In each of Examples 18 to 20 and Reference Example 1, the disc in Example 13 was used and error rate was determined with varying linear recording density and track density.

TABLE 3
Computer Tape
Magnetic Layer
Thick- Surface Prepara-
Prescrip- ness Hc Roughness φm Lower tion Orien-
Sample No. tion (μm) (Oe) (nm) (emu/cm2) Layer Support Method tation
Example 24 ML-2 0.15 2,460 3.7 4.8 × 10−3 NU-1 B-4 Method 2 O-3
Example 25 ML-2 0.15 2,460 2.4 4.8 × 10−3 NU-2 B-4 Method 2 O-3
Example 26 ML-2 0.15 2,460 2.1 4.8 × 10−3 NU-4 B-4 Method 2 O-3
Example 27 ML-2 0.15 2,460 1.8 4.8 × 10−3 NU-5 B-4 Method 2 O-3
Example 28 ML-2 0.05 2,500 1.7 1.6 × 10−3 NU-5 B-4 Method 2 O-3
Example 29 ML-2 0.10 2,480 1.7 3.2 × 10−3 NU-5 B-4 Method 2 O-3
Example 30 ML-2 0.20 2,430 2.0 6.4 × 10−3 NU-5 B-4 Method 2 O-3
Example 31 ML-1 0.15 2,650 2.6 4.2 × 10−3 NU-5 B-4 Method 2 O-3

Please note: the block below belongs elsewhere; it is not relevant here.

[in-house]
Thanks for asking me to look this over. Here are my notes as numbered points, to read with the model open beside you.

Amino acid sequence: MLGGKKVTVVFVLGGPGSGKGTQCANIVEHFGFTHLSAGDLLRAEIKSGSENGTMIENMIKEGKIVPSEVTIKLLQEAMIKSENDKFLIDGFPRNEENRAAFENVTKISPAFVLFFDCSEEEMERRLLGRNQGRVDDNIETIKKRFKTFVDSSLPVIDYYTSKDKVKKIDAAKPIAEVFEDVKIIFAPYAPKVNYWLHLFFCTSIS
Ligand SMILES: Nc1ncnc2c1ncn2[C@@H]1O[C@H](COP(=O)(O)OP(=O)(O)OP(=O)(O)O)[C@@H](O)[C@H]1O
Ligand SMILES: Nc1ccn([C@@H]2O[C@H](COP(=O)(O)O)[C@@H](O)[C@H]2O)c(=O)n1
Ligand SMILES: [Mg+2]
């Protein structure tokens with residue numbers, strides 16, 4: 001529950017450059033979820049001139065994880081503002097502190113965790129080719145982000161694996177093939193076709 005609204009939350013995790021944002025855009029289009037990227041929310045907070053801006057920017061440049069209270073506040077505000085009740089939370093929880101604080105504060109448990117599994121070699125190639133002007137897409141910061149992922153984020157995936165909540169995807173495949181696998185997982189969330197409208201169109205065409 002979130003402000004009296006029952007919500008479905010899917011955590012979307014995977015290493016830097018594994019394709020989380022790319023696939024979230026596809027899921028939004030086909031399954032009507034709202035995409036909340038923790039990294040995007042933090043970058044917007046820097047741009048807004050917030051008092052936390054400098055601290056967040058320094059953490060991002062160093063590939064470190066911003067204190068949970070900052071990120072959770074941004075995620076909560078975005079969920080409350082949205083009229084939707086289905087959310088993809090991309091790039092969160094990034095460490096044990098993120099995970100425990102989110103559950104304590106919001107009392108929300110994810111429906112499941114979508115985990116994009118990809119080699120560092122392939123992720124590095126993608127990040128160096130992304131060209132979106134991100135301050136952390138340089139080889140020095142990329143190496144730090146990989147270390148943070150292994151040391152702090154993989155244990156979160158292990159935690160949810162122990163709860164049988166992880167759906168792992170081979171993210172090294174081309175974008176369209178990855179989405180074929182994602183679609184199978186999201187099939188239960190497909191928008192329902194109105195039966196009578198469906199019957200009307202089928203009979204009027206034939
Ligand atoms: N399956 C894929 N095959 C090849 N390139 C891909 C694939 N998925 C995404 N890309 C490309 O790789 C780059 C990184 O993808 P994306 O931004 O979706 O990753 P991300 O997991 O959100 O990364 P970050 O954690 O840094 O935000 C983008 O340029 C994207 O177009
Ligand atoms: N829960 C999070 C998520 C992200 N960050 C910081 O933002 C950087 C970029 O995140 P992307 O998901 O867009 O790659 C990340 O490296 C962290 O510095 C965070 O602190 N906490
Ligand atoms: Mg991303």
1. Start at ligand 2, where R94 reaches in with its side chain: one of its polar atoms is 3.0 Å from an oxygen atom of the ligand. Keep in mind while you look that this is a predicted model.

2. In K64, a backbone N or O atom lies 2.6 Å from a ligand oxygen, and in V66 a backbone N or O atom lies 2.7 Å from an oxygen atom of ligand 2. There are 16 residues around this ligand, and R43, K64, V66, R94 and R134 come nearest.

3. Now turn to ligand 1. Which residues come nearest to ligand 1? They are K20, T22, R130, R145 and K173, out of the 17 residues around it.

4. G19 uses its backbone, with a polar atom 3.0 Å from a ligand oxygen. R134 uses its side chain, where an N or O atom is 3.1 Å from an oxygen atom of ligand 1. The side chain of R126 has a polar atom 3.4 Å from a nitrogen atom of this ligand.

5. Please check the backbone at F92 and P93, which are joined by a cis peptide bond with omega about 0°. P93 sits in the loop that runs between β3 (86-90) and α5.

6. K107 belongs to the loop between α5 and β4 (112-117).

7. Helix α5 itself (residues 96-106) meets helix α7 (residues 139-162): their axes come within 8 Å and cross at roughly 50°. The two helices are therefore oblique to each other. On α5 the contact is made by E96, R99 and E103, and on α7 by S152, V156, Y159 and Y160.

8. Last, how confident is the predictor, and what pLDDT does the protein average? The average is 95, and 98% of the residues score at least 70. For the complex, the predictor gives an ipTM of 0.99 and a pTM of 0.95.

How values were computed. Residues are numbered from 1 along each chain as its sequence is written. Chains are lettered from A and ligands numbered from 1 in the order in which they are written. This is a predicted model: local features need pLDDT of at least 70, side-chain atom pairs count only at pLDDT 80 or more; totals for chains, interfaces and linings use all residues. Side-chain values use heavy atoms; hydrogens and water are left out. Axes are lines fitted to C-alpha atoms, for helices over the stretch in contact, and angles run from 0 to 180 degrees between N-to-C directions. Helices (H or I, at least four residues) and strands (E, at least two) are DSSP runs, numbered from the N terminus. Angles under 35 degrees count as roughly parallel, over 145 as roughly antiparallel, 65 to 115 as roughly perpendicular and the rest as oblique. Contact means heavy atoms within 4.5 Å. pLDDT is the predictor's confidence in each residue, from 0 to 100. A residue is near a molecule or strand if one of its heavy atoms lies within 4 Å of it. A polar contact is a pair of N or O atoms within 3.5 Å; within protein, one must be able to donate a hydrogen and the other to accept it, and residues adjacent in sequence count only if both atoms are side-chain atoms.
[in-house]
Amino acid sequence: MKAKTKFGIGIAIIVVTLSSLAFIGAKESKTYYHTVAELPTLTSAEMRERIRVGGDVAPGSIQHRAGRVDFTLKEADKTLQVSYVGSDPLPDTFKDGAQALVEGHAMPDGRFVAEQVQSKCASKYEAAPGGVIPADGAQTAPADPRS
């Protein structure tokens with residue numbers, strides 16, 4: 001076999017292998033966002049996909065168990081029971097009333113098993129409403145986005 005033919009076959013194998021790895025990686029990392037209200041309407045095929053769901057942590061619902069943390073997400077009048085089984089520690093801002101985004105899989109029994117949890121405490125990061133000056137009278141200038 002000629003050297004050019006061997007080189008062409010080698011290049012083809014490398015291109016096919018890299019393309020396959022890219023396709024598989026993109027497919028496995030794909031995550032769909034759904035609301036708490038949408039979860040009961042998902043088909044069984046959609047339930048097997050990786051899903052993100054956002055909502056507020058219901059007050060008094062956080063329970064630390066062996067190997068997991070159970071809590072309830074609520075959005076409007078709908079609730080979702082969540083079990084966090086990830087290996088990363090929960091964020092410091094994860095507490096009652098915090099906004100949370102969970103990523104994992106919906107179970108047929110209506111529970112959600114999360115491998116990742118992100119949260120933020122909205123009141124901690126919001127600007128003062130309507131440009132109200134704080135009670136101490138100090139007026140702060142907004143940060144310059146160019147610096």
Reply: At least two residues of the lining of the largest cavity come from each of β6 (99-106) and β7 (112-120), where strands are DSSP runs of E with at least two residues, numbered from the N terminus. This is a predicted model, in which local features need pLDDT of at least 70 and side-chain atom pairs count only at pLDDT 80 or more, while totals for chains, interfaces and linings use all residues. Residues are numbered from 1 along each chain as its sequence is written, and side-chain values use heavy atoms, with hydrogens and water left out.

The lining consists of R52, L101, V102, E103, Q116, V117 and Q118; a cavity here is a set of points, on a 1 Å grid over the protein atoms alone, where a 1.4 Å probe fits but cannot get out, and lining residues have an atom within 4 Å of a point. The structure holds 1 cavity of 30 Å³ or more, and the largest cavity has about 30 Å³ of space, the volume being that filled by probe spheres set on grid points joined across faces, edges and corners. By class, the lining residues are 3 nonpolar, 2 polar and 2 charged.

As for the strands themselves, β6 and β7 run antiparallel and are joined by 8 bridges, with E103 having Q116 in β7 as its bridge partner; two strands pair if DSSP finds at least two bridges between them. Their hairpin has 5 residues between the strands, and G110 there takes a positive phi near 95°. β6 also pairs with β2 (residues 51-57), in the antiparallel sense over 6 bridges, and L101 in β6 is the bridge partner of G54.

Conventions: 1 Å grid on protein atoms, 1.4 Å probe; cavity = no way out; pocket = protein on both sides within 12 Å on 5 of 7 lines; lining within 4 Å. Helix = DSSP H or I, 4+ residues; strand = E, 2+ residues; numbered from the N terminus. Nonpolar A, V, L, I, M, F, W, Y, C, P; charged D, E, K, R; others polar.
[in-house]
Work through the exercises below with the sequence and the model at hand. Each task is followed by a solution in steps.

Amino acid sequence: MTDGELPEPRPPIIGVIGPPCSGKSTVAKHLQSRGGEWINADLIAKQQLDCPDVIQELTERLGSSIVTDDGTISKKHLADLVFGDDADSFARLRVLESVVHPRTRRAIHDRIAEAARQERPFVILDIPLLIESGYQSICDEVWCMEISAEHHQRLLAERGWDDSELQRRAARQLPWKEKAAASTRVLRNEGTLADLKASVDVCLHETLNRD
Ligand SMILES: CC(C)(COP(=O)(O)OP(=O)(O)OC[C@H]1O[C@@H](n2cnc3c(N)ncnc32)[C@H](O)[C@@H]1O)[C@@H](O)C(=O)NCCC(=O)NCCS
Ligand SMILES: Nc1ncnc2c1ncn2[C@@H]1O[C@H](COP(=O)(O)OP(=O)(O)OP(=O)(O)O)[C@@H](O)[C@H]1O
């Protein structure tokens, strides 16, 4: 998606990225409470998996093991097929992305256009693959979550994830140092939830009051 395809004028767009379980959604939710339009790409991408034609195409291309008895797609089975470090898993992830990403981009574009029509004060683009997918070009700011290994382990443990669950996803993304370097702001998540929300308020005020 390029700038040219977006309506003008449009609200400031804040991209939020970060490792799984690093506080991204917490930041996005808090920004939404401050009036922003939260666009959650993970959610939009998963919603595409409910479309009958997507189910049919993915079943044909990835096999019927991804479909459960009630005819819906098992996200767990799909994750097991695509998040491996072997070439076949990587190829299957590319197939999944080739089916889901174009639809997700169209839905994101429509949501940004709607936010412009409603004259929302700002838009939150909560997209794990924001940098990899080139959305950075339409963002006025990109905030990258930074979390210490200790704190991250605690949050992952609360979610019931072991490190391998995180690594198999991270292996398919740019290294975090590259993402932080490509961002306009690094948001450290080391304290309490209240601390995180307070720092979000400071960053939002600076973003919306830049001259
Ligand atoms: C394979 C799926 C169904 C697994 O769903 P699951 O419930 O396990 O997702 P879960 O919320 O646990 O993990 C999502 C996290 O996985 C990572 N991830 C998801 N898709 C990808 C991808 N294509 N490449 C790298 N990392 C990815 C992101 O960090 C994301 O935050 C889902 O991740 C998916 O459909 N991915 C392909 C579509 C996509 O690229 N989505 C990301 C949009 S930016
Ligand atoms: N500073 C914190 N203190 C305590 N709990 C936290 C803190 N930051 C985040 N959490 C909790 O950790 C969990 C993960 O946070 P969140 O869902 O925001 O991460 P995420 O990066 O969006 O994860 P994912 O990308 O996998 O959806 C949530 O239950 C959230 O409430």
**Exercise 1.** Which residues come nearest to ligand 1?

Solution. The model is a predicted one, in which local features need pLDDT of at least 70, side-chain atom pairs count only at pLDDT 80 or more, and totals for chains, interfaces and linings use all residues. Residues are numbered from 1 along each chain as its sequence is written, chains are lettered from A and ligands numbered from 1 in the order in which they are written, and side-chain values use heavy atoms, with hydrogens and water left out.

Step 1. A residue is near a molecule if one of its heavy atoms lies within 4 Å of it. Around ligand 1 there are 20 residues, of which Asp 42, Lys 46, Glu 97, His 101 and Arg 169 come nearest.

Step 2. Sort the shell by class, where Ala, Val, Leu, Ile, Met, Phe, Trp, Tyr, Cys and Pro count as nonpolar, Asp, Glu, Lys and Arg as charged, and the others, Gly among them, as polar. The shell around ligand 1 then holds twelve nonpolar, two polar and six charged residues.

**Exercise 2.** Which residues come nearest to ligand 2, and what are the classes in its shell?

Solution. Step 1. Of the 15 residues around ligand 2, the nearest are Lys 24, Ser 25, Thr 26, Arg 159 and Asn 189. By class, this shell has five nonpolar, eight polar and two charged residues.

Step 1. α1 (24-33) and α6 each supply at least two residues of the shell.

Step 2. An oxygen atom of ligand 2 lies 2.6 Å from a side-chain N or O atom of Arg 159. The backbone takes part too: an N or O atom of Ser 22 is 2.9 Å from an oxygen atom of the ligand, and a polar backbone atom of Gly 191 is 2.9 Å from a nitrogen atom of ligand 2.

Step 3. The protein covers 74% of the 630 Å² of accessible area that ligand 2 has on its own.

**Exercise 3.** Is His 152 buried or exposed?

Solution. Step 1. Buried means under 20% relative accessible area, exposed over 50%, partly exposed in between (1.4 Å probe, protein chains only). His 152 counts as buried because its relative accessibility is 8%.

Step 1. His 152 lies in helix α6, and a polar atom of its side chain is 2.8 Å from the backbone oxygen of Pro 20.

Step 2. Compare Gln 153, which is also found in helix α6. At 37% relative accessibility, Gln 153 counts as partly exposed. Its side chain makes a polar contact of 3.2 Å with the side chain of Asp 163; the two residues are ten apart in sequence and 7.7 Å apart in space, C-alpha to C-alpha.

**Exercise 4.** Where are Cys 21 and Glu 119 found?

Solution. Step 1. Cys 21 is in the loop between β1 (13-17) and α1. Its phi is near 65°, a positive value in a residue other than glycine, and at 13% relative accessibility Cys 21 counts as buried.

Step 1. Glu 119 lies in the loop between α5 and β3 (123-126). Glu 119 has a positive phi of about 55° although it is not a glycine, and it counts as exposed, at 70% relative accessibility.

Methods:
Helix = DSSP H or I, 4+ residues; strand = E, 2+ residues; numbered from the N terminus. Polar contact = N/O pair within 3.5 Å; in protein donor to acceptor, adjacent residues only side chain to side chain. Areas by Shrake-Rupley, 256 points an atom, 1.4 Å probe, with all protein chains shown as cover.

Comparative ML-3 0.15 1,700 3.3 4.8 × 10−3 NU-5 B-4 Method 2 O-3
Example 2
Example 32 ML-2 0.15 2,460 2.7 4.8 × 10−3 NU-5 B-4 Method 4 O-3

TABLE 4
Linear Areal
Track Recording Recording Error
Density Density Density Rate
Sample No. (tpi) (kbpi) (G bit/inch2) (10−5) C/Fe
Example 24 3,000 122 0.366 0.09 40
Example 25 3,000 122 0.366 0.02 10
Example 26 3,000 122 0.366 0.003 70
Example 27 3,000 122 0.366 0.001 25
Example 28 3,000 122 0.366 0.01 25
Example 29 3,000 122 0.366 0.002 25
Example 30 3,000 122 0.366 0.01 25
Example 31 3,000 122 0.366 0.0005 30
Comparative 3,000 122 0.366 11 30
Example 2
Example 32 3,000 122 0.366 0.02 25
Example 33 4,000 150 0.6 0.02 40